I must admit that I’ve recently been feeling the fire.
Yes, that mystical feeling that is spoken of with reverence in our beloved community. I haven’t felt it to this degree before. I have felt a drive to play and to win, but this is different. I feel like I have something behind me pushing me forward, and I have to keep moving forward lest it runs me over.
I am thirty years old. How does Magic the Gathering, something so trivial, make me feel this way? I wish I knew so that I could apply it to other areas of my life. My only option (or at least the only one I will accept at the moment) is to plunge into the depths and see if I can satisfy this urge or at least figure it out.
I never jumped into Modern. I thought about it several times but never had a real desire to play. No Modern deck jumped out and made me happy to pick it up. I am a known Storm Junkie (I wonder how many readers I lost with this admission), and Storm, which was never great, felt like it had a huge nail driven into its coffin after the bannings. I can only shudder at the rest of the format.
That being said, Standard season is upon us and I plan on grinding as much as I can.
In my, admittedly inexpert, opinion Standard is in a state where there isn’t a “best” deck. Or at least, not yet. This means that a powerful new strategy can emerge and take something by storm. Of course, people have been looking for these things already, and if it were easy then everyone would have solved it by now. I do have the brewer’s disease so I have turned my hand at producing some decks.
Several people before me have gone over the benefits of going rogue. I need to get an edge somewhere and my play skill does not provide it. Simple as that.
These decks all seem to be “not quite there”. Maybe you can see what I missed and make one of them into something awesome. I crave feedback. Tell me what you like and what you don’t like. I am asking you to help me. Right now these are my decks. I want them to become our decks.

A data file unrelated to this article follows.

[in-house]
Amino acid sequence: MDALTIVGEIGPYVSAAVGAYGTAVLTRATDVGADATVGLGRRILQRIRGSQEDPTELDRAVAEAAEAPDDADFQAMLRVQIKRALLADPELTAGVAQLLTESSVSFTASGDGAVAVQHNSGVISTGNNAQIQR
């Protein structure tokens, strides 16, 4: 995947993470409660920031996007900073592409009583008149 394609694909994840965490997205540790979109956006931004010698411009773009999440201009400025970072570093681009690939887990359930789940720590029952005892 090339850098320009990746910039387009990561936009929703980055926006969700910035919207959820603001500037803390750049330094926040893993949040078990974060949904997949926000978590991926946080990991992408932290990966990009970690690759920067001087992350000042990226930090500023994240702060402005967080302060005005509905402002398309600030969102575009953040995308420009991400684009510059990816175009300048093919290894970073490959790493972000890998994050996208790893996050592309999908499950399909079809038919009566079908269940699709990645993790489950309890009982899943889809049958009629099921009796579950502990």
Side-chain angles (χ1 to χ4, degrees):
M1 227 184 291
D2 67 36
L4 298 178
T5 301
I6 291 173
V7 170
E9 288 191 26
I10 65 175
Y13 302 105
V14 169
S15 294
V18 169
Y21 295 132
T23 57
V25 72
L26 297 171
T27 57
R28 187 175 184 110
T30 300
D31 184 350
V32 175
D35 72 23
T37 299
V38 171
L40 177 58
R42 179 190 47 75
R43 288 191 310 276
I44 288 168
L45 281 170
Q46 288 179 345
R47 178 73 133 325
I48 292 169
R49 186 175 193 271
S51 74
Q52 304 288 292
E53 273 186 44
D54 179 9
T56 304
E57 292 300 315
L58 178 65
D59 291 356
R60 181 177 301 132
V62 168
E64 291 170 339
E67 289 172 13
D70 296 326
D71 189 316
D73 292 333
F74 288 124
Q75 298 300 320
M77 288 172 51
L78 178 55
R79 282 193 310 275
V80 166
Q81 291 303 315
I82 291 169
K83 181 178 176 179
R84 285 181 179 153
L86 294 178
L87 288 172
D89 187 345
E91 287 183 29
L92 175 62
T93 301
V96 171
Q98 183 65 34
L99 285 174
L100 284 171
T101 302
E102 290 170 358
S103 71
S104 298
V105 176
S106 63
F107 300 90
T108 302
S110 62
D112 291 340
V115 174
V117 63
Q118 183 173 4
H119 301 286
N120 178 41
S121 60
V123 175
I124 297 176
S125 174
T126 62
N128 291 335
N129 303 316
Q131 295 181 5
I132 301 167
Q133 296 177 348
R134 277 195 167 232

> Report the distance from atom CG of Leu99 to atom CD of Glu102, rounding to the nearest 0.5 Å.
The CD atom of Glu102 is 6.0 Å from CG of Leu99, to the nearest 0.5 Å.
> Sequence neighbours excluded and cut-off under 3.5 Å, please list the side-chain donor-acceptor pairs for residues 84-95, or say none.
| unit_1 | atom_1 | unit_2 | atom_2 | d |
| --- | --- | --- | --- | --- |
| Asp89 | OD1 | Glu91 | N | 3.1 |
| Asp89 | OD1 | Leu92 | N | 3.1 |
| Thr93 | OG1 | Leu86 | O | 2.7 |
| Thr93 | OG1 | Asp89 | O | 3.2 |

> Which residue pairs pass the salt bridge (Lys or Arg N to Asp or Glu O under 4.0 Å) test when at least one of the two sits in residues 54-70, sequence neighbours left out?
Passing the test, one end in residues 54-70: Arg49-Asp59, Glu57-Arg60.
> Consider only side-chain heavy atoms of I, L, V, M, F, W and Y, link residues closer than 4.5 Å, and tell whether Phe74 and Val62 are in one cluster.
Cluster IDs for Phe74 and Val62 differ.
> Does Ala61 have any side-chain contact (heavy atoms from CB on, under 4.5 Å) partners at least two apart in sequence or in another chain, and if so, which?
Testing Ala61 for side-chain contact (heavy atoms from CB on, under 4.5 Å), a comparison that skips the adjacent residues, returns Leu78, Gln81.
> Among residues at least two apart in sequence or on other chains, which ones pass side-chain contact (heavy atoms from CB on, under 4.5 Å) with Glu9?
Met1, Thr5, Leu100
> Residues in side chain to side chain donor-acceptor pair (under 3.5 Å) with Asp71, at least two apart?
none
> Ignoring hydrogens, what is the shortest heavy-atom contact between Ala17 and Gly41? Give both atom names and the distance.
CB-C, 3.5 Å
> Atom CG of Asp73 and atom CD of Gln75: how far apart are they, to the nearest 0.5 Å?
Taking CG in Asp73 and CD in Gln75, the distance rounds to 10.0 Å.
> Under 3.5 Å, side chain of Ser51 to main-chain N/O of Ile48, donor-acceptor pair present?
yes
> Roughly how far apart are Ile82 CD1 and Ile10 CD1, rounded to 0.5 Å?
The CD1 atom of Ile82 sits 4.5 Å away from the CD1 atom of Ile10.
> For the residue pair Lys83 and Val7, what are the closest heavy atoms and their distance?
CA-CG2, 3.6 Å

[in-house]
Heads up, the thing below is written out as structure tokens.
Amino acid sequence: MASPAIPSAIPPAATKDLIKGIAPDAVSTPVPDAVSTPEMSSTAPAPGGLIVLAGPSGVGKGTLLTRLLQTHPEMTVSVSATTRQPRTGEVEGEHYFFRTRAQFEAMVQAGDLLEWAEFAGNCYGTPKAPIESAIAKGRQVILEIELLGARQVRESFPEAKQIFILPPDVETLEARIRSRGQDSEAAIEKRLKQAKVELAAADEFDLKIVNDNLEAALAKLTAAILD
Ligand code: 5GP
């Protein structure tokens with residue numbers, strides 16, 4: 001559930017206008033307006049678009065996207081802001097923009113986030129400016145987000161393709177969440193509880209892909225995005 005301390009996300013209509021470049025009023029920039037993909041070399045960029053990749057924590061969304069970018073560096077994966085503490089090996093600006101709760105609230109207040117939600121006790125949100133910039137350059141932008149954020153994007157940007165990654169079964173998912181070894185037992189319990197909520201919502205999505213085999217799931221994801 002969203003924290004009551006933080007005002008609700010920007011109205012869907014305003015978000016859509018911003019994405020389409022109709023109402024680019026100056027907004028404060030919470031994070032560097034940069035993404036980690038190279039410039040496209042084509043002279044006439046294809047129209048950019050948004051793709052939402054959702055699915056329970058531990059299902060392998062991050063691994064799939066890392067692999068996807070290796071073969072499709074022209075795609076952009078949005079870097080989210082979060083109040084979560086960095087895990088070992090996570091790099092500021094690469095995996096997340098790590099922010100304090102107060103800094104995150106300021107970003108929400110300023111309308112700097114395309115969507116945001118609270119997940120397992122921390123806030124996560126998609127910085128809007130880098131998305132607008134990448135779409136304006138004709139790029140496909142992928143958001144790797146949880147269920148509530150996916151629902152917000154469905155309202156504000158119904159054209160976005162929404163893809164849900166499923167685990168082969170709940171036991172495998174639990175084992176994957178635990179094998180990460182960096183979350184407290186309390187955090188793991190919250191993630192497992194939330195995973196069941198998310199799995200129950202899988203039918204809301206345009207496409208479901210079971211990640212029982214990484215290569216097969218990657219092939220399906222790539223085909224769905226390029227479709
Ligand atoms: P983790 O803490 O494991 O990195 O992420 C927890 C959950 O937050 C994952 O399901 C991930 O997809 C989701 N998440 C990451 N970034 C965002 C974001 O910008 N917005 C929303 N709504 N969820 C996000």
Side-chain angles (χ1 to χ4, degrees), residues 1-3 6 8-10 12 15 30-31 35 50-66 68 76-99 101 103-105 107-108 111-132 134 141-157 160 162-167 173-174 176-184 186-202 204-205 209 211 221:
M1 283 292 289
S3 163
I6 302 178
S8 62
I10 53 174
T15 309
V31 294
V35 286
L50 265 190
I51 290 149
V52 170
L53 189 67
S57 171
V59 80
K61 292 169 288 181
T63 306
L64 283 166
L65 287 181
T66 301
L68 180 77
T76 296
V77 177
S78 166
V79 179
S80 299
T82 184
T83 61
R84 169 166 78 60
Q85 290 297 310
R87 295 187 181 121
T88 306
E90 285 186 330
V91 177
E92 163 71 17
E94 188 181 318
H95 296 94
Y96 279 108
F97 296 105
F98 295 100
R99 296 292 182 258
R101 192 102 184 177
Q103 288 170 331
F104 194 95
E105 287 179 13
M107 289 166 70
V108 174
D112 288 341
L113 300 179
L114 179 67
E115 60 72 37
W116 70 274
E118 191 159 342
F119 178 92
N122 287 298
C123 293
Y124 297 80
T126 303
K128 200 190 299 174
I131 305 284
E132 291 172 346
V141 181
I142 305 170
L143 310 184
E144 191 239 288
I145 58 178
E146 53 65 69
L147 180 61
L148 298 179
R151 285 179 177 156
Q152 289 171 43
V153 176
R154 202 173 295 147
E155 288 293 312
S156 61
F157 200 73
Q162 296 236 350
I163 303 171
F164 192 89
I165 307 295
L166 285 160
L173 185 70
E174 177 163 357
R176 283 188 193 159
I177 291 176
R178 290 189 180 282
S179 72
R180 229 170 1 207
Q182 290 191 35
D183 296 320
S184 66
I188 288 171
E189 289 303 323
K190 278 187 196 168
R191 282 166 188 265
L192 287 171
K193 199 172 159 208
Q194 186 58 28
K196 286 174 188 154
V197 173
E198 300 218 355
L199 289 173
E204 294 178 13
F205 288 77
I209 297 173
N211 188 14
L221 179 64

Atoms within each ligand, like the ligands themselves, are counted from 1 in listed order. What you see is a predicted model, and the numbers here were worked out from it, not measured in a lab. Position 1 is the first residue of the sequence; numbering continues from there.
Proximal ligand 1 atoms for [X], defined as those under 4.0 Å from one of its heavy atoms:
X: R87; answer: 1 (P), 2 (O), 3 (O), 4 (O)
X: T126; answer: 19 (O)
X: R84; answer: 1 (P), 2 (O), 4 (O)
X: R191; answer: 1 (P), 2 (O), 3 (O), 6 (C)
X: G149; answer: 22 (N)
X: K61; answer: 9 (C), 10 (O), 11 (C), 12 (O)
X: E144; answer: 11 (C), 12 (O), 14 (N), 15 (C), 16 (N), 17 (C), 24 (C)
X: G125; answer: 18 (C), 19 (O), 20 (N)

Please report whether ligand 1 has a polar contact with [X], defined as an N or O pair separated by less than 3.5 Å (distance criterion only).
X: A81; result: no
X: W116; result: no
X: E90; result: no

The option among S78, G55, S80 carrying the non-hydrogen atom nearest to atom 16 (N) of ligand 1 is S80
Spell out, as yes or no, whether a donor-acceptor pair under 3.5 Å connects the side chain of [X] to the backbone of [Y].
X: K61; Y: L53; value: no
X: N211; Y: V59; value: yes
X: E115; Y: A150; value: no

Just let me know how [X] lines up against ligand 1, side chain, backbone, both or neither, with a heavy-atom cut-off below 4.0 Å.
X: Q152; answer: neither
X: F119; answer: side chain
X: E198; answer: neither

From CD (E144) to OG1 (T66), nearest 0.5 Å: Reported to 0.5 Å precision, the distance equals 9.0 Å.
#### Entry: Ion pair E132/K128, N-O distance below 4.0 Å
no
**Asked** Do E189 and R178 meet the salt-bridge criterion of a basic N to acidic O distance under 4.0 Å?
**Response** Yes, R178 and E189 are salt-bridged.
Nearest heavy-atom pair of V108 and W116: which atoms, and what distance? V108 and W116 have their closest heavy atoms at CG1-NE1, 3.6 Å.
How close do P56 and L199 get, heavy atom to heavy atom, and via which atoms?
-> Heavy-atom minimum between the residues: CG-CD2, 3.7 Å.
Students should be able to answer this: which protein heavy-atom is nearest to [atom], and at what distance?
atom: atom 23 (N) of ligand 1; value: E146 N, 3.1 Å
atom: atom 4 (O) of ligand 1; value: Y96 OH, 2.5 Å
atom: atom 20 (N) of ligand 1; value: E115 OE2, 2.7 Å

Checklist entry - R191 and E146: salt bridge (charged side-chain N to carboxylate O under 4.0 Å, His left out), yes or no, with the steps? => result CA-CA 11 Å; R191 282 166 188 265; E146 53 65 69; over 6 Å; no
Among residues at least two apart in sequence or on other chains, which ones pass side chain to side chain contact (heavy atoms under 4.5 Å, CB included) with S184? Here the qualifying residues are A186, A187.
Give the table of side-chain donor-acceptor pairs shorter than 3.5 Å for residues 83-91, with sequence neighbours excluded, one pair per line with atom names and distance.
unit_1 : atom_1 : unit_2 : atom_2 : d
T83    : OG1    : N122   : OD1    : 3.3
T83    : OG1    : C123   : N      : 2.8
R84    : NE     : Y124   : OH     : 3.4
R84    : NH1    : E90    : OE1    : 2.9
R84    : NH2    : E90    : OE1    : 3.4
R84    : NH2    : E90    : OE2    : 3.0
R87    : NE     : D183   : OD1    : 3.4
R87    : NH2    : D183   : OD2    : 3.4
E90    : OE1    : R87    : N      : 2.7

All right, I’ll dive in. This deck is my baby. I have been working on it the most, and of the lists in this article it is the most refined and the one that I would be most likely to take into a tournament.
I read a recent Brian Kibler article that stated any brew should be able to answer a basic question before anything else: “What is the goal?”
This deck confounded me a great deal. It felt decent, but I couldn’t point out a definite plan. I made the deck; I should be able to answer so basic a question.
I eventually came to the conclusion that this deck is trying to use high impact cards to gather an advantage and ride that to a win. Some of the cards are not high impact, but they serve to enable other cards’ impact.
Obviously the Simic Charms protect your creatures. They also bring other utility which is why they got the nod over other forms of protection.Deathrite Shaman was a hard nut to crack. It required the most enablers to make it really work in the maindeck. Thought Scour, Forbidden Alchemy, and Dimir Charm all work to make the Shaman better. This package helps me not miss land drops and has some other uses too.
The Dimir Charm also combos well with another odd card: Duskmantle Seer. He is a brutal sword. He has cut me as well as my opponents, but just look at it! The first time I heard the DuskMANTEL jokes, I knew I had to build a deck with him in it. The D-Charms, along with their other modes, can set up your opponent to take a big hit from him.